Matarazzo V - Muscatelli F


Rare diseases (Austin, Tex.)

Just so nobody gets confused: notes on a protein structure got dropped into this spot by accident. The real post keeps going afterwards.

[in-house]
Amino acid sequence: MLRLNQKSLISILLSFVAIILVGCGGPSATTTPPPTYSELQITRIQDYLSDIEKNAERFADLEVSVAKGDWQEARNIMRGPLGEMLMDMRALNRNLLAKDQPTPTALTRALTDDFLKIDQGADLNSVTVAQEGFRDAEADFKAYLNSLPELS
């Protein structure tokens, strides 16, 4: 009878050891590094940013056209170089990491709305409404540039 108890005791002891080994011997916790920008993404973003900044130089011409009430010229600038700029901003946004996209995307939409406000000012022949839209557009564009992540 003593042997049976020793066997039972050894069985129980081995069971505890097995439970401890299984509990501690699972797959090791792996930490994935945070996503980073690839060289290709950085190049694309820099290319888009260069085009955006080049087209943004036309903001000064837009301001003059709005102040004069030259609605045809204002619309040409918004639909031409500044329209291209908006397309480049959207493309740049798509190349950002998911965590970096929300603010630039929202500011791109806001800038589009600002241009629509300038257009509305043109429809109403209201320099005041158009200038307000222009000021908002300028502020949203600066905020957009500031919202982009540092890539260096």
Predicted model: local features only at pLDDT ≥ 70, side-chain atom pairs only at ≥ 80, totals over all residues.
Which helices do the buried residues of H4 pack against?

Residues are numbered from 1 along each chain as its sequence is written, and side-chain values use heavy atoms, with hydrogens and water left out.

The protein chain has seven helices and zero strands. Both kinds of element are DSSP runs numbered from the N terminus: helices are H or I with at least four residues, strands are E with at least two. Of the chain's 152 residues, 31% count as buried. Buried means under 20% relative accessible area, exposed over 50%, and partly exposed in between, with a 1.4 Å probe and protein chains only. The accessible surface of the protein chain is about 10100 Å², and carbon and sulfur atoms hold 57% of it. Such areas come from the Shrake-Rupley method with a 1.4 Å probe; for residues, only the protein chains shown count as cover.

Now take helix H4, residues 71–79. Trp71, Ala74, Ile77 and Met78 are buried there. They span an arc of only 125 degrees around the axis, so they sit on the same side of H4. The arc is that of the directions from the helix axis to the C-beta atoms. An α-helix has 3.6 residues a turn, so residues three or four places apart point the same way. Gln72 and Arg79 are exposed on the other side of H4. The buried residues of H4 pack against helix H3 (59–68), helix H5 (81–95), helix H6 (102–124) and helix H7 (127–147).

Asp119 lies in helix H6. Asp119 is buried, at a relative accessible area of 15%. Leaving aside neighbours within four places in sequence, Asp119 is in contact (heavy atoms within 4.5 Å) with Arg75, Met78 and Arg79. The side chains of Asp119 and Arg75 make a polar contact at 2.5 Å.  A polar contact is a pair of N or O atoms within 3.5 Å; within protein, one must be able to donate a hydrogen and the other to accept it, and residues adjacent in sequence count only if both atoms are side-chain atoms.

Genomic imprinting is a normal process of epigenetic regulation leading some autosomal genes to be expressed from one parental allele only, the other parental allele being silenced. The reasons why this mechanism has been selected throughout evolution are not clear; however, expression dosage is critical for imprinted genes. There is a paradox between the fact that genomic imprinting is a robust mechanism controlling the expression of specific genes and the fact that this mechanism is based on epigenetic regulation that, per se, should present some flexibility. The robustness has been well studied, revealing the epigenetic modifications at the imprinted locus, but the flexibility has been poorly investigated.   Prader-Willi syndrome is the best-studied disease involving imprinted genes caused by the absence of expression of paternally inherited alleles of genes located in the human 15q11-q13 region. Until now, the silencing of the maternally inherited alleles was like a dogma. Rieusset et al. showed that in absence of the paternal Ndn allele, in Ndn +m/-p mice, the maternal Ndn allele is expressed at an extremely low level with a high degree of non-genetic heterogeneity. In about 50% of these mutant mice, this stochastic expression reduces birth lethality and severity of the breathing deficiency, correlated with a reduction in the loss of serotonergic neurons. Furthermore, using several mouse models, they reveal a competition between non-imprinted Ndn promoters, which results in monoallelic (paternal or maternal) Ndn expression, suggesting that Ndn monoallelic expression occurs in the absence of imprinting regulation. Importantly, specific expression of the maternal NDN allele is also detected in post-mortem brain samples of PWS individuals. Here, similar expression of the Magel2 maternal allele is reported in Magel2 +m/-p mice, suggesting that this loss of imprinting can be extended to other PWS genes. These data reveal an unexpected epigenetic flexibility of PWS imprinted genes that could be exploited to reactivate the functional but dormant maternal alleles in PWS.

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